Polarisation and partisanship in politics are a constant topic of discussion, and political candidates often believe they must focus their campaign efforts on a small number of swing voters open to ideological change. Based on the wisdom of opinion polls, this might seem like a good idea. But do most voters really hold their political attitudes so firmly that they are unreceptive to persuasion?

In the study, led by Lars Hall and Petter Johansson of Lund University, Sweden, the researchers wanted to see just how open voters are to change in the final weeks before a general election. To do so, they first asked people to state their voting intentions for the upcoming election, and presented them with a political survey of wedge issues that separated the two coalitions in the race. The questions concerned familiar issues like income taxation, unemployment insurance, and environmental policies on petrol and nuclear power that traditionally divides the left and right wing.

The special thing about this survey was that the researchers used sleight of hand to secretly alter the responses of the participants, instead placing them in the opposite political camp, and invited them to reason about their attitudes on these reversed issues. Then the researchers created a summary score on the survey, and asked for the participants’ voting intentions again (please see http://www.lucs.lu.se/cbp for a video illustration of the experiment).

What the results showed was that only 22% of the manipulated responses were corrected and that a full 92% of the participants accepted and endorsed the reversed political survey score. Furthermore, the final voter intention question indicated that as many as 48% (±9.2%) were willing to consider a left-right coalition shift. This can be contrasted with the established polls tracking the Swedish election, which registered a maximum of 10% of voters open to a swing across the partisan divide.

The authors conclude that political attitudes and partisan affiliations can be far more flexible than what is assumed by the polls, and that people can reason about the issues of the campaign with considerable openness to change. Commenting on the study, Lars Hall says, “it is comforting to know only five dollars’ worth of paper and glue is required to make this point, rather than a billion dollar campaign industry. I believe our method is a terrific educational tool to dramatise the potential for political change”.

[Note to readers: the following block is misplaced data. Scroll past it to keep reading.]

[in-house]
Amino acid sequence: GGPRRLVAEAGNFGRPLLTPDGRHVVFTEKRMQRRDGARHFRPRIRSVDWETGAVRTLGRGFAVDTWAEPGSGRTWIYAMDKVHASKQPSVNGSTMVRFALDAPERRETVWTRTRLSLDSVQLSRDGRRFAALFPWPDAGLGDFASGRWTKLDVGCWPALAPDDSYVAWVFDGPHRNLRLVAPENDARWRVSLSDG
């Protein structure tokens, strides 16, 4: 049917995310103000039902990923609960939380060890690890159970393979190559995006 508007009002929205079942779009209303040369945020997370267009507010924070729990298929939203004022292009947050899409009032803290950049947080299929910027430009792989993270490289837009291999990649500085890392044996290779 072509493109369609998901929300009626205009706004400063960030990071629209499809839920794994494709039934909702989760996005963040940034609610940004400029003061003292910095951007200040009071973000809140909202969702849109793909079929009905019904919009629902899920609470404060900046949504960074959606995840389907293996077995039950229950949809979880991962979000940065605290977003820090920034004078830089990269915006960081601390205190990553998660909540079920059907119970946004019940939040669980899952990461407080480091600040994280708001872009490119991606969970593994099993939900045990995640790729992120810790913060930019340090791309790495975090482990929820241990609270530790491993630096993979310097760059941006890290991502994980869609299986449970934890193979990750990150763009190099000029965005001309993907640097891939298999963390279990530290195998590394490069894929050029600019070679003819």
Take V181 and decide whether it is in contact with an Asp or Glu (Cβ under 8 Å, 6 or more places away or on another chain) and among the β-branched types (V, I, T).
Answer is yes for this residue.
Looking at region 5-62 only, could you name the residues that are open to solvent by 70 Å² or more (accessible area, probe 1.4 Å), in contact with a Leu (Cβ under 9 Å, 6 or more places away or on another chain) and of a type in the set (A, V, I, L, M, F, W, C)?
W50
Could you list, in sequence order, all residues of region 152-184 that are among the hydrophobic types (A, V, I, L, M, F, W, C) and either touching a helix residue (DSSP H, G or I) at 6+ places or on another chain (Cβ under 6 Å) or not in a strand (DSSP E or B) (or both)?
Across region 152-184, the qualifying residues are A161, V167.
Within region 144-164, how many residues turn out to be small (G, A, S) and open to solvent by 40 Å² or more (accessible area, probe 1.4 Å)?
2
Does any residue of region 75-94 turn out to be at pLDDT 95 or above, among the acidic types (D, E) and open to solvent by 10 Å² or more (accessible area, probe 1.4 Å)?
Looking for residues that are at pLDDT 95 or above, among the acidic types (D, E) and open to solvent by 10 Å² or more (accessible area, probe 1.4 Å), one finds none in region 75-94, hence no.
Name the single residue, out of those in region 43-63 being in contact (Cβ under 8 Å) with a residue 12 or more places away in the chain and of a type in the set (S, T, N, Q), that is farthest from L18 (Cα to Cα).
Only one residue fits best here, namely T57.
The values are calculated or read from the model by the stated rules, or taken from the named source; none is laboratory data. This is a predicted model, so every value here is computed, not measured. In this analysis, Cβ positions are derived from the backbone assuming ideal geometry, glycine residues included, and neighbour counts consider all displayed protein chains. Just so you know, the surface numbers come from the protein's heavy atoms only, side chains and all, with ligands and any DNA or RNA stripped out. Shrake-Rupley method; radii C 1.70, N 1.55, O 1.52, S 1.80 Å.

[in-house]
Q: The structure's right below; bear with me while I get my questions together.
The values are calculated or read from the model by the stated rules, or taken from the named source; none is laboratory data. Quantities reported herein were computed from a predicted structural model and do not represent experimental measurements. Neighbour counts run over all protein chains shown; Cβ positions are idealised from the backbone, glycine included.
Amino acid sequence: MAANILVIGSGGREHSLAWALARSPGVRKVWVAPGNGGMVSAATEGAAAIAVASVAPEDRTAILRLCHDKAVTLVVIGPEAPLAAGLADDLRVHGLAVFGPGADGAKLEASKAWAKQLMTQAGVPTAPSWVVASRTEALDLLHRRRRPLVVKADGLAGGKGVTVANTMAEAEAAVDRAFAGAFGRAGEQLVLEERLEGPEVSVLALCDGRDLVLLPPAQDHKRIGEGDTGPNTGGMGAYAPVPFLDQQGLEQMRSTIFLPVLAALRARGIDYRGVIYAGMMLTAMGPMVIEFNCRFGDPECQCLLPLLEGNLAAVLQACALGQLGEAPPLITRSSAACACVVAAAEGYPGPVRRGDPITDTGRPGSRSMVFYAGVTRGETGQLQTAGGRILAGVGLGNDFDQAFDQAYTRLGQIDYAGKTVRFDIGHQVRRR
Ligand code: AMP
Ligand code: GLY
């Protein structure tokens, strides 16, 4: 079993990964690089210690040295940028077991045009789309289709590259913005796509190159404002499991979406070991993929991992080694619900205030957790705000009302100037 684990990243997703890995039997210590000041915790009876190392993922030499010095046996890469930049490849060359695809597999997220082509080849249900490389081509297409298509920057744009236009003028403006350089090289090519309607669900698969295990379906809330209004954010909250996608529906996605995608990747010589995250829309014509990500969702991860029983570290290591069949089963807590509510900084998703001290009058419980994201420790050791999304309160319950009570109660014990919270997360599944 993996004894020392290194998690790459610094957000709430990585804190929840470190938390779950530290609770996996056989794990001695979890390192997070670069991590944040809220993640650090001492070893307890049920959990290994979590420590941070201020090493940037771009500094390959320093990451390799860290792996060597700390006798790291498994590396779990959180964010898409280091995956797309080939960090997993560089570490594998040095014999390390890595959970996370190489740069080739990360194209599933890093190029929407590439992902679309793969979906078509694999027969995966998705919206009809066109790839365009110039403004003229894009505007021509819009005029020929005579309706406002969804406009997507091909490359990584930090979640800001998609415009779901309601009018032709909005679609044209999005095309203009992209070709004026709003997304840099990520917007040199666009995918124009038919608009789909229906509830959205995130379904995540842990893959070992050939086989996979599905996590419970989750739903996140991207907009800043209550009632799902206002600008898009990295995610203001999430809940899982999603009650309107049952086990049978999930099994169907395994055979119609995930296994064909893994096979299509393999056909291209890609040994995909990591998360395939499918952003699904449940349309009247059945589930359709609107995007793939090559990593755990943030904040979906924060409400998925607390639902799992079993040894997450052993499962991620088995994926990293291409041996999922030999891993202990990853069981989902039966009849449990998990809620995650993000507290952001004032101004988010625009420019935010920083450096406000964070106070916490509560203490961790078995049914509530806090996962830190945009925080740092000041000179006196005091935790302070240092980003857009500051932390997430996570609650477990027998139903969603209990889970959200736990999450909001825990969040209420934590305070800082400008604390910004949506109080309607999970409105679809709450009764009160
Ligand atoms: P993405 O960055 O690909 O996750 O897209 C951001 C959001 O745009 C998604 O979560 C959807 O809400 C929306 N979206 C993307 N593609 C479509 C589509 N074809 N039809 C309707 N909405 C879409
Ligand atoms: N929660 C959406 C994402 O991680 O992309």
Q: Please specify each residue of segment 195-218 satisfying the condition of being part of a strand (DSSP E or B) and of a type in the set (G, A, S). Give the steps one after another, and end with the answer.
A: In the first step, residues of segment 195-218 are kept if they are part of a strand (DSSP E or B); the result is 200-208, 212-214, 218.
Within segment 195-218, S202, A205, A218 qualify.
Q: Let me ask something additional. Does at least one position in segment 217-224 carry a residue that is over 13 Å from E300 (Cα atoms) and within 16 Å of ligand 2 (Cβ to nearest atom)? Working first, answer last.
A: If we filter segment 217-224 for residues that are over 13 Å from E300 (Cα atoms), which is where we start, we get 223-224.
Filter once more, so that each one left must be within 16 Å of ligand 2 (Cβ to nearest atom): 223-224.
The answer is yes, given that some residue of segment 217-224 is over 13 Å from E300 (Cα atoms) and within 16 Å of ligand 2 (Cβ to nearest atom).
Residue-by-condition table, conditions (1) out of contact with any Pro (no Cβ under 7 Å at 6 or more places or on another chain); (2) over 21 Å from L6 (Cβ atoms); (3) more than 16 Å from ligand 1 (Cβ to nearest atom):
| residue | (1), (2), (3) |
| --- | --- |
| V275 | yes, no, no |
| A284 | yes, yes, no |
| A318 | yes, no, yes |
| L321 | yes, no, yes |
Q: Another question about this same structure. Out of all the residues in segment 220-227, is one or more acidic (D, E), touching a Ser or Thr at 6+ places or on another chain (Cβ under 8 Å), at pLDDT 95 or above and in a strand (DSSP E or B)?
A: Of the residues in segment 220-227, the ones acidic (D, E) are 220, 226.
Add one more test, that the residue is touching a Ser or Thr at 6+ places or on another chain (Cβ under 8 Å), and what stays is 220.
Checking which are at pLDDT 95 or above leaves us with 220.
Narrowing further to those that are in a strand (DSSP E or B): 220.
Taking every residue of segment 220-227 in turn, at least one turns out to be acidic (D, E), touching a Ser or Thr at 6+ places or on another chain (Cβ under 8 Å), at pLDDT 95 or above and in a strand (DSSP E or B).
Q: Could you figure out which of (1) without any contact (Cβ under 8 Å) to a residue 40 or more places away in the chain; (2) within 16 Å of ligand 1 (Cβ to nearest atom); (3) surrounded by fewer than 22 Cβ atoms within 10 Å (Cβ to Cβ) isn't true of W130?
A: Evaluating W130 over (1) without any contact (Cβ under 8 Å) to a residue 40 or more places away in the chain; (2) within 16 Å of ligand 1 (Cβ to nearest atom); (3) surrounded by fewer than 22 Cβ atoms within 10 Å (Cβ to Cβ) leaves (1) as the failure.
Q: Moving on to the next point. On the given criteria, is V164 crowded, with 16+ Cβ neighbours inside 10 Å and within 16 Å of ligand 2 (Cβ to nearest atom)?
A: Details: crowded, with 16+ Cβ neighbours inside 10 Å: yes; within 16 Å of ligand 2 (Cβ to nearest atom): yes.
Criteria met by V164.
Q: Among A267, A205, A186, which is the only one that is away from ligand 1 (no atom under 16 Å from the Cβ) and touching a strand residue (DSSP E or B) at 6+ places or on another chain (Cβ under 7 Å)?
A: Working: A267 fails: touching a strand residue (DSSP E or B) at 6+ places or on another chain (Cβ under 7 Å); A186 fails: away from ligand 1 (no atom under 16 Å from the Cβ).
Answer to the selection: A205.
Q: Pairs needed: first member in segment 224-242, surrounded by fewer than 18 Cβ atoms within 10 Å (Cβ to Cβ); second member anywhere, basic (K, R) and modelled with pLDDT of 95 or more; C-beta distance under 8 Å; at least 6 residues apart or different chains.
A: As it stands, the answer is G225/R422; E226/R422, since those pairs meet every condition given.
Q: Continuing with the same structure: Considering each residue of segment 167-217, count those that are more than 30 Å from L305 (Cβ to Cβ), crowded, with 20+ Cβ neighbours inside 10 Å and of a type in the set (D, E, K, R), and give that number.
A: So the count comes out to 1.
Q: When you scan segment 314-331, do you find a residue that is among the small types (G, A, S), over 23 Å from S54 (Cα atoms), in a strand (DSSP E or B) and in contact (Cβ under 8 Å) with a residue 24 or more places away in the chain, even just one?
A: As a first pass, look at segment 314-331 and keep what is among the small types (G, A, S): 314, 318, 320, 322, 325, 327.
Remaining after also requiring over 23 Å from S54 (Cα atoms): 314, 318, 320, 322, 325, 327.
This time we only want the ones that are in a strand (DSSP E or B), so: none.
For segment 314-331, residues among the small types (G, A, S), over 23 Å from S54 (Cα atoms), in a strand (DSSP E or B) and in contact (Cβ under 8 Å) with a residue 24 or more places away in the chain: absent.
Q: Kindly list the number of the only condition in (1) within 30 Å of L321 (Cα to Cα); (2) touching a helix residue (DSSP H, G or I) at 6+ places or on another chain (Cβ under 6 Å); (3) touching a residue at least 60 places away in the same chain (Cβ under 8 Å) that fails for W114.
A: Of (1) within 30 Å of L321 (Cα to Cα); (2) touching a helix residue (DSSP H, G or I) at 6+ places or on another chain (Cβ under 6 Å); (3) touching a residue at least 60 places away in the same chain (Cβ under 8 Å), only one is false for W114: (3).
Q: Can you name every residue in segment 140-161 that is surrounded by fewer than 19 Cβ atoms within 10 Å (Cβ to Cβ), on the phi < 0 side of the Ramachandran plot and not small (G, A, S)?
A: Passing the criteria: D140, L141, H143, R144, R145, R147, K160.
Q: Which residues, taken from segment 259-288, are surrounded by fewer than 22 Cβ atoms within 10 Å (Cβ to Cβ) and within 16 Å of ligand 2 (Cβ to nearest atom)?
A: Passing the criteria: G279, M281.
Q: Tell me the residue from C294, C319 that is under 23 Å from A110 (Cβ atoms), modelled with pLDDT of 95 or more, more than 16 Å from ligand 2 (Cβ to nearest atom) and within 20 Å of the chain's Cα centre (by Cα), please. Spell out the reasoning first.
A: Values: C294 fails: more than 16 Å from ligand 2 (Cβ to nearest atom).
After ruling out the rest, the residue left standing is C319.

However, he stresses that this was an anonymous research study, where the purpose of the experiment was explained to the participants at the end. It would be unethical as an applied instrument of persuasion.

Petter Johansson says, “Our results show there is a world beyond ideological labels and partisan divisions. But the question remains of how to enter this world with no sleight of hand to pave the way. Now, it’s up to the politicians to somehow find more neutral ground, and get people to engage with the factual issues of the campaigns.”

Publication: Hall, L., Strandberg, T., Pärnamets, P., Lind, A., Tärning, B. & Johansson, P. (2013). How the Polls Can Be Both Spot On and Dead Wrong: Using Choice Blindness to Shift Political Attitudes and Voter Intentions. PLoS ONE 8(4): e60554. doi:10.1371/journal.pone.0060554

Image description: A step-by-step demonstration of the manipulation procedure. A. Participants indicate the direction and strength of their voting intention for the upcoming election, and rate to what extent they agree with 12 statements that differentiates between the two political coalitions. Meanwhile, the experimenter monitors the markings of the participants and creates an alternative answering profile favouring the opposite view. B. The experimenter hides his alternative profile under his notebook. C. When the participants have completed the questionnaire, they hand it back to the experimenter. The backside of the profile is prepared with an adhesive, and when the experimenter places the notebook over the questionnaire it attaches and conceals the section containing the original ratings. D. Next, the participants are confronted with the reversed answers, and are asked to justify the manipulated opinions. E. Then the experimenter adds a colour-coded semi-transparent coalition template, and sums up which side the participants favour. F. Finally, they are asked to justify their aggregate position, and once again indicate the direction and strength of their current voting intention.

Lars Hall
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